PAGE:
Anyways so I have been working with him and realized that he is very disrespectfull. When ever I lead him from his field he is always leaning into his halter and manages to just start eating. It's so hard to get his head back up even in a rope halter.
I JUST dealt with this yesterday--a very big, very pushy mare who is generally a brat (for example she cleared a 3 ft fenceline today because she didn't want to be turned out when everyone else was eating) decided she was just going to graze as we walked.....there was already a knot at the end of her lead rope, so I took it and I smacked her on the butt with it! She was not very happy with me, but her head flew up, and then I was able to get her feet moving, and then we were able to start moving forward again.
When I'm longing him I make him chang directions lots. I say Whoa step infront and switch the whip to my other hand. Instead of just turning towards me and switching sides he turns away and throws himself into the halter. He just starts walking away and I can't hold him back. When he does decide to do it correctly though he turns to me and then walks right into me as if im not even there. I have punished him for this by slapping his chest and saying no but he still does it everytime.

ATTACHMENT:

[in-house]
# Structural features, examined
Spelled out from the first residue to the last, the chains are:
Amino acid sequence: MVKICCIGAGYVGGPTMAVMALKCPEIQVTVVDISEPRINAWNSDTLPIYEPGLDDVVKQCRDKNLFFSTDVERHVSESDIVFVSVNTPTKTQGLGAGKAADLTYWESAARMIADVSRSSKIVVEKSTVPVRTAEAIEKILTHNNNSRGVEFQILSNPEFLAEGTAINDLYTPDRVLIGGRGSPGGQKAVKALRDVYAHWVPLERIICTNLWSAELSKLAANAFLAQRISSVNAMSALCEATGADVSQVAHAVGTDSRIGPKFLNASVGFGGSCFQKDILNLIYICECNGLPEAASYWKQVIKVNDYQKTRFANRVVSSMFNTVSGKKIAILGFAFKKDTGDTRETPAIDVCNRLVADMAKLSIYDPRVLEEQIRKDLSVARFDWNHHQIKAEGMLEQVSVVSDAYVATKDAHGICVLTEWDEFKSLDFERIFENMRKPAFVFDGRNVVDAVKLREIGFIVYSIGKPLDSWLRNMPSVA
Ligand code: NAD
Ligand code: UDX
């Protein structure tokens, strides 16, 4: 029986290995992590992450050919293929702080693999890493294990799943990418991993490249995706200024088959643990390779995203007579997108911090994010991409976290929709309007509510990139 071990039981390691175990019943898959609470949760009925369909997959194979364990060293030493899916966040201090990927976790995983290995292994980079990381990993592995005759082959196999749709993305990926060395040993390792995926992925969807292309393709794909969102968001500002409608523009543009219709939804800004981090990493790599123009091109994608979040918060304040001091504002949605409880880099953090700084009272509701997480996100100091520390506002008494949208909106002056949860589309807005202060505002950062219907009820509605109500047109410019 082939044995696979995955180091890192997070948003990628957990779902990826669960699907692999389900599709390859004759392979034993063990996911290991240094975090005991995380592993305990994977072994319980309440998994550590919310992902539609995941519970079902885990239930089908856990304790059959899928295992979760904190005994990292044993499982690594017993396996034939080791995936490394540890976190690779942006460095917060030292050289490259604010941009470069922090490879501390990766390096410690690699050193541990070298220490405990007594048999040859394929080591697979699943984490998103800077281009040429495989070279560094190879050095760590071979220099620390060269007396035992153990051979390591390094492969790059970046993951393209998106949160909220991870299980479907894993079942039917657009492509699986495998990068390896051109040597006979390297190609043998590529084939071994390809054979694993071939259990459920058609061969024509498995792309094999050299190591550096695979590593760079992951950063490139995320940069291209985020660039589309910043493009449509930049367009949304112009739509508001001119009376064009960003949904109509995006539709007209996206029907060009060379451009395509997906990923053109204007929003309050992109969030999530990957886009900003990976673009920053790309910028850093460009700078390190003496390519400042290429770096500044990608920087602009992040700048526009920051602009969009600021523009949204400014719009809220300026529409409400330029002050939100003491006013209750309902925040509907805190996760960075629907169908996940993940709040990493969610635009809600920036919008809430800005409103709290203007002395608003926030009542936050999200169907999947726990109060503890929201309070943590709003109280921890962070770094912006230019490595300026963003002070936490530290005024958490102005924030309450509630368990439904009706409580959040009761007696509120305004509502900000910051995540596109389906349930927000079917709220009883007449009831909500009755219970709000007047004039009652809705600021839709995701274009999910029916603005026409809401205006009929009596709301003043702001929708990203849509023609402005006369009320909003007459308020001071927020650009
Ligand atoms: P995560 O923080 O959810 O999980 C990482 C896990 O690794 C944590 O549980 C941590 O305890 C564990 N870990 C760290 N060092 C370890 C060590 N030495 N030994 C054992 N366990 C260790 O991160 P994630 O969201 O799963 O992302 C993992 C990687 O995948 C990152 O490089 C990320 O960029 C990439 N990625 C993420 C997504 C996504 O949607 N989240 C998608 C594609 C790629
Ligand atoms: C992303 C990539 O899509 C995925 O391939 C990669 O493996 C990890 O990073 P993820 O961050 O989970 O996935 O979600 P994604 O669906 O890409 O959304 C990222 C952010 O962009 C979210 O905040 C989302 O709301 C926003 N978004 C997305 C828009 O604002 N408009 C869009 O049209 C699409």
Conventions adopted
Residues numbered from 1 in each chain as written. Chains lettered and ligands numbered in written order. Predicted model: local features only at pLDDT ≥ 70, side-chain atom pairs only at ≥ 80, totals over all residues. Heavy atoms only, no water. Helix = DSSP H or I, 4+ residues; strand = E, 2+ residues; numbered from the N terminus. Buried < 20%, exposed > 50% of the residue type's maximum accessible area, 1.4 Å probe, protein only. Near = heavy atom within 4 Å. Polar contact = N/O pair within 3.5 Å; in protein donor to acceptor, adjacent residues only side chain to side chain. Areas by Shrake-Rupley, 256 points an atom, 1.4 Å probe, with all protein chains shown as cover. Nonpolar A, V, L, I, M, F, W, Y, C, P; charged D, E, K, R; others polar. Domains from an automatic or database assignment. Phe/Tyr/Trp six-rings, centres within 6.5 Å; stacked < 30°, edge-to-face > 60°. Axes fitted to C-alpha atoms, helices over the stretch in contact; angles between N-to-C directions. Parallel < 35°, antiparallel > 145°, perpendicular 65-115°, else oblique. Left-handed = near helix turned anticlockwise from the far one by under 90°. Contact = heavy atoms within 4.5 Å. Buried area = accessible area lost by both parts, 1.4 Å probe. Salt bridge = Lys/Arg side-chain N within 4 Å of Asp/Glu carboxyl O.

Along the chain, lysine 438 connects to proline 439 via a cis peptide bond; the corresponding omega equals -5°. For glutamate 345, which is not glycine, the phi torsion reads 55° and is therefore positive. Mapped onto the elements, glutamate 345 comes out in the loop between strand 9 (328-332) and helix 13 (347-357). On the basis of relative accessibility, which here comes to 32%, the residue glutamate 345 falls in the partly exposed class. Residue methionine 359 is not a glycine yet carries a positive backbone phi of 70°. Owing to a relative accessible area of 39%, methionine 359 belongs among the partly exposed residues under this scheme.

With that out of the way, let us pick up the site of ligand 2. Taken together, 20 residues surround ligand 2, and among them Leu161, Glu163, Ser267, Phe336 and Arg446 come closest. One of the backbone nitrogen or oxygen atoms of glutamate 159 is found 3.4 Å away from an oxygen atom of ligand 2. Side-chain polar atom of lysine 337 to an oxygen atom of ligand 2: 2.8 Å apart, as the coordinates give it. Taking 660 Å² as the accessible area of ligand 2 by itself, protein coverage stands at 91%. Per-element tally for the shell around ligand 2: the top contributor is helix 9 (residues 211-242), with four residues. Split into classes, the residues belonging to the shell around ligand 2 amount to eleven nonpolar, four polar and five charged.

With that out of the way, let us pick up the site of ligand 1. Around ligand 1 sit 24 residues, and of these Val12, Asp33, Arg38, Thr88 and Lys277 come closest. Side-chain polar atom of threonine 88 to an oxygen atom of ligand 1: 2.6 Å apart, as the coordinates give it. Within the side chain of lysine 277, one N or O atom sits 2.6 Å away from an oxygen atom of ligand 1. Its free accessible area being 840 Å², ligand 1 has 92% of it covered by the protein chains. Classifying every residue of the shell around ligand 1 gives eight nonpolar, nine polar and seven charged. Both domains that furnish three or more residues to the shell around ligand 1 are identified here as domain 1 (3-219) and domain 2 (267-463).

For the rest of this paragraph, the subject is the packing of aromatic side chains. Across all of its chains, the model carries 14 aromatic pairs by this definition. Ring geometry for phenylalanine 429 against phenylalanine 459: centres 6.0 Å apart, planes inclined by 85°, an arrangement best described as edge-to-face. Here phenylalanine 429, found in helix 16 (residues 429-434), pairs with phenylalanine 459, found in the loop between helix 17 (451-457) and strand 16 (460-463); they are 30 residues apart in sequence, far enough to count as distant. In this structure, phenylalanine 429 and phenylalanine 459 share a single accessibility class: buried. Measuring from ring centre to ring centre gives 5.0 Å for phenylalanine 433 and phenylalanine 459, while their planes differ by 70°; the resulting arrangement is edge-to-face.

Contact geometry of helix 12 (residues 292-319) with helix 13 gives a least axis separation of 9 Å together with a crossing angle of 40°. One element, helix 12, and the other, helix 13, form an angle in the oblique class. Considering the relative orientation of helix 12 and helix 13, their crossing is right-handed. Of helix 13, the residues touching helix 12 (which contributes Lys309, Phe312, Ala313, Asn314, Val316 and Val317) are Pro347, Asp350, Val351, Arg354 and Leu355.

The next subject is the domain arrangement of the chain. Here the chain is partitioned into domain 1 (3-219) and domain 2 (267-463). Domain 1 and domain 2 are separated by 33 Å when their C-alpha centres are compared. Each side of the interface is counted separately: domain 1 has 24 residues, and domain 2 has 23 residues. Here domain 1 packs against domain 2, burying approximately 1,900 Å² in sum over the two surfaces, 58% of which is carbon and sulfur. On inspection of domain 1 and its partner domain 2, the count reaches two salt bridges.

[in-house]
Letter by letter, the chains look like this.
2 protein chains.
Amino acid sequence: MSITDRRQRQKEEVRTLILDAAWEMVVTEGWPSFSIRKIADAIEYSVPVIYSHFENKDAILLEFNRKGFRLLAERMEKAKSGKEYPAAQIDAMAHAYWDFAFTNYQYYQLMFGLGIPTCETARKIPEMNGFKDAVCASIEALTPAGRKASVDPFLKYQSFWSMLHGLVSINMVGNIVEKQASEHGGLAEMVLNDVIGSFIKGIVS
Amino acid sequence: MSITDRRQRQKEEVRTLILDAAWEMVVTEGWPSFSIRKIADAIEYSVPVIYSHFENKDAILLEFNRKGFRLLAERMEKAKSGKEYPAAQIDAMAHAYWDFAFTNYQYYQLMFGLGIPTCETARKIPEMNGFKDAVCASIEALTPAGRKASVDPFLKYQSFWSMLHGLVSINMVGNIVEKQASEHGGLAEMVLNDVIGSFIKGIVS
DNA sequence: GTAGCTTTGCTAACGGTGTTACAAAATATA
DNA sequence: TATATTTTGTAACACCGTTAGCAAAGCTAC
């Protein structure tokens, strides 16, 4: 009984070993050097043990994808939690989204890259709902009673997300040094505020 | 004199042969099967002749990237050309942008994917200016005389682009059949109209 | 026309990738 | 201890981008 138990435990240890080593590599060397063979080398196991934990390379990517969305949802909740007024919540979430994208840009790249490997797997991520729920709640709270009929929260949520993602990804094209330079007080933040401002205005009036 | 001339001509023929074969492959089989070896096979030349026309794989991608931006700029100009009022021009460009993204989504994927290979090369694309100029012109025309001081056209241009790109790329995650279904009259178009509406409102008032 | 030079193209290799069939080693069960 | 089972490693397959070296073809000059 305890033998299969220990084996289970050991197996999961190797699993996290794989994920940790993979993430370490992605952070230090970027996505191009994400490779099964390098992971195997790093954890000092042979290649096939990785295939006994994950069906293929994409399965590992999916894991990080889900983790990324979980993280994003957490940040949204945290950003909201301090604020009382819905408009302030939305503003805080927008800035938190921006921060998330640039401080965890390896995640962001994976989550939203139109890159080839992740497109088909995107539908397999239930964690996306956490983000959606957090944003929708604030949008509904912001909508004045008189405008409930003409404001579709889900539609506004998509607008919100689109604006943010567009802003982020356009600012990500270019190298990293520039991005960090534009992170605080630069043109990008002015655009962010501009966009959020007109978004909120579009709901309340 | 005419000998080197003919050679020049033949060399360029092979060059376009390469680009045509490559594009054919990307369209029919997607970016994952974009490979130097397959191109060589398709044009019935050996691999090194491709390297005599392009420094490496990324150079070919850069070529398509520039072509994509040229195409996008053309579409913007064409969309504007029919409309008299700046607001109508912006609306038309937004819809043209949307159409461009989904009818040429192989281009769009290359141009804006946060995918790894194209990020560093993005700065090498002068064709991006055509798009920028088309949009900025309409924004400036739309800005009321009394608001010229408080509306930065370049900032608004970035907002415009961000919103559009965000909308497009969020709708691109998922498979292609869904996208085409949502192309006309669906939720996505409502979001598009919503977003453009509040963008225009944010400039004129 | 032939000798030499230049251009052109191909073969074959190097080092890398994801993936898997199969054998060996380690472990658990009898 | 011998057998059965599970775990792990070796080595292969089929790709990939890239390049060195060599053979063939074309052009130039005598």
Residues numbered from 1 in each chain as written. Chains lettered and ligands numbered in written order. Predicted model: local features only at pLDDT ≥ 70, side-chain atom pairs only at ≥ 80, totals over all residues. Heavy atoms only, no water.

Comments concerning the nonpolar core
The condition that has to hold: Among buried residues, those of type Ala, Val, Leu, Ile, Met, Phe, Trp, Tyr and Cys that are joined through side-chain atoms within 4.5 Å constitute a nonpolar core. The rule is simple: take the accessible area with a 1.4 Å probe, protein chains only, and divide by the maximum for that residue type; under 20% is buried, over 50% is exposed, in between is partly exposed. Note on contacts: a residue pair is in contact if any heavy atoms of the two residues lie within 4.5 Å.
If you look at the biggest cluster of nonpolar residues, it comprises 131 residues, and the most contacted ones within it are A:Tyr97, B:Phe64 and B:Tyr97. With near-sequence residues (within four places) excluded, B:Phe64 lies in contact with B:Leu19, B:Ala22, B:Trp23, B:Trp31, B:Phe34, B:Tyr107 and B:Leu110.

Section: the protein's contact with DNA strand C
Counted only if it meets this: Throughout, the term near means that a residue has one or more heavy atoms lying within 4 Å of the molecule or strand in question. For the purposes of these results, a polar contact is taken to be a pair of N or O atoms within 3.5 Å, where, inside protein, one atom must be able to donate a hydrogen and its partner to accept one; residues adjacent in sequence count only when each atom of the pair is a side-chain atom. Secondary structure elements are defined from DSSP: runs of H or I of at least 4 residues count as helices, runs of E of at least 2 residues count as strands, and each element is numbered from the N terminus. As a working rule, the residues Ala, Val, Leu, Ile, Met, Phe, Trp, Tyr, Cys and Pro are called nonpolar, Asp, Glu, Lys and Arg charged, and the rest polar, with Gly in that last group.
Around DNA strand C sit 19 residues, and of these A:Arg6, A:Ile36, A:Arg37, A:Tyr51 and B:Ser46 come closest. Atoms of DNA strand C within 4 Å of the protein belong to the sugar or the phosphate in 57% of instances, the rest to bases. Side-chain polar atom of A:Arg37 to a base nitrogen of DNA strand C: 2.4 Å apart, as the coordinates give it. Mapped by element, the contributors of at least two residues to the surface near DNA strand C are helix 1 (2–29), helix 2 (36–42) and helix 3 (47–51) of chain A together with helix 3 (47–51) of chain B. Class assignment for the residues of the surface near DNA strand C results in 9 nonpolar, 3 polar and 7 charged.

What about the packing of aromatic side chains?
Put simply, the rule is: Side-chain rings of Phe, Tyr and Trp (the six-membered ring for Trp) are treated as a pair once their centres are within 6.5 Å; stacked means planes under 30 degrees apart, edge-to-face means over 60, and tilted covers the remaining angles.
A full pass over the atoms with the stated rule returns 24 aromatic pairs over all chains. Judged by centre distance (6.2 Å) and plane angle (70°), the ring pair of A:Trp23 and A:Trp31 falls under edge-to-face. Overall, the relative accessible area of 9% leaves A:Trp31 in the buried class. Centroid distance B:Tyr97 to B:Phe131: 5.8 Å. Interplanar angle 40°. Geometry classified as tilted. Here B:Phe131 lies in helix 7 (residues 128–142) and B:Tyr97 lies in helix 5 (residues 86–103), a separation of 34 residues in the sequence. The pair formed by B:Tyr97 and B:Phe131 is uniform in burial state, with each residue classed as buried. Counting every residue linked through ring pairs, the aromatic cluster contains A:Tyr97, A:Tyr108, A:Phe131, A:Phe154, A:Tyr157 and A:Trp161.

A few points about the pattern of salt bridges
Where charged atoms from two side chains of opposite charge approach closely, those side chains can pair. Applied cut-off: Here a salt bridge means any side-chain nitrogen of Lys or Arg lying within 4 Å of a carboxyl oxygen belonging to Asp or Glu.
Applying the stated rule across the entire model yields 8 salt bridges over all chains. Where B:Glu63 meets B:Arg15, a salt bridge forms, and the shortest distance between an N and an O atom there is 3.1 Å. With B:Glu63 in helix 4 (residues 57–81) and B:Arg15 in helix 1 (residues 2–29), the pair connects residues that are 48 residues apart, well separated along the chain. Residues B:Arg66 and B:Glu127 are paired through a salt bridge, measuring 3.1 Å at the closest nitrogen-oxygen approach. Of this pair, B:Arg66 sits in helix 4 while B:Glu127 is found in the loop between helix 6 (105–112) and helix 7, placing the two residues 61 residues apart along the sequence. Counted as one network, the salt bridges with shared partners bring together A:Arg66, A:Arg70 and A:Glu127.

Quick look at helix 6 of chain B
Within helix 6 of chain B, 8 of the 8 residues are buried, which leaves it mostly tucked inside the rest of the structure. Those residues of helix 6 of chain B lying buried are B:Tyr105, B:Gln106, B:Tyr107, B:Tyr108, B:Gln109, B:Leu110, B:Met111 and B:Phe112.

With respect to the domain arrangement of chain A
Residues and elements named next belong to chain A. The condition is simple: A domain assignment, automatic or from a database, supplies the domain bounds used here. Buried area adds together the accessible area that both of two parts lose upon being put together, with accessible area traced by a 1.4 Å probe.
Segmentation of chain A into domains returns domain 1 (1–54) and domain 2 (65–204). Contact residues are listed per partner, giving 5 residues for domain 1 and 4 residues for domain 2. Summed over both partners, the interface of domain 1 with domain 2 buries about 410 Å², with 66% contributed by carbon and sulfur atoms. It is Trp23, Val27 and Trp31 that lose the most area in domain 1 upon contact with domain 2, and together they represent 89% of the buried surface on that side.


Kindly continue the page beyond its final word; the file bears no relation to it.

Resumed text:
I've also dealt with this too!! It took my gelding a YEAR to finally learn to turn inwards, but he has issues trusting people, so I don't think it will take your gelding that long. The only suggestion I can offer you is every time he turns his butt into you, you have to wear his butt out with the lunge whip, and then make him go FORWARD...as in cantering until you tell him to stop. This would work best in a large round pen, so he has room to be bratty, and then theres still room for you to work him. When he starts to walk into you, you slap the lunge whip on the ground, crack it, wave your hands, whatever you need to do to make him think he's dying because he came into your space and make him run backwards for a bit. Eventually you will not need to be so drastic and dramatic, but for the first couple of sessions you'll need to be "bigger" than he is to assert that you're running the show, and then you can start toning down your cues and only getting after him when he ignores you.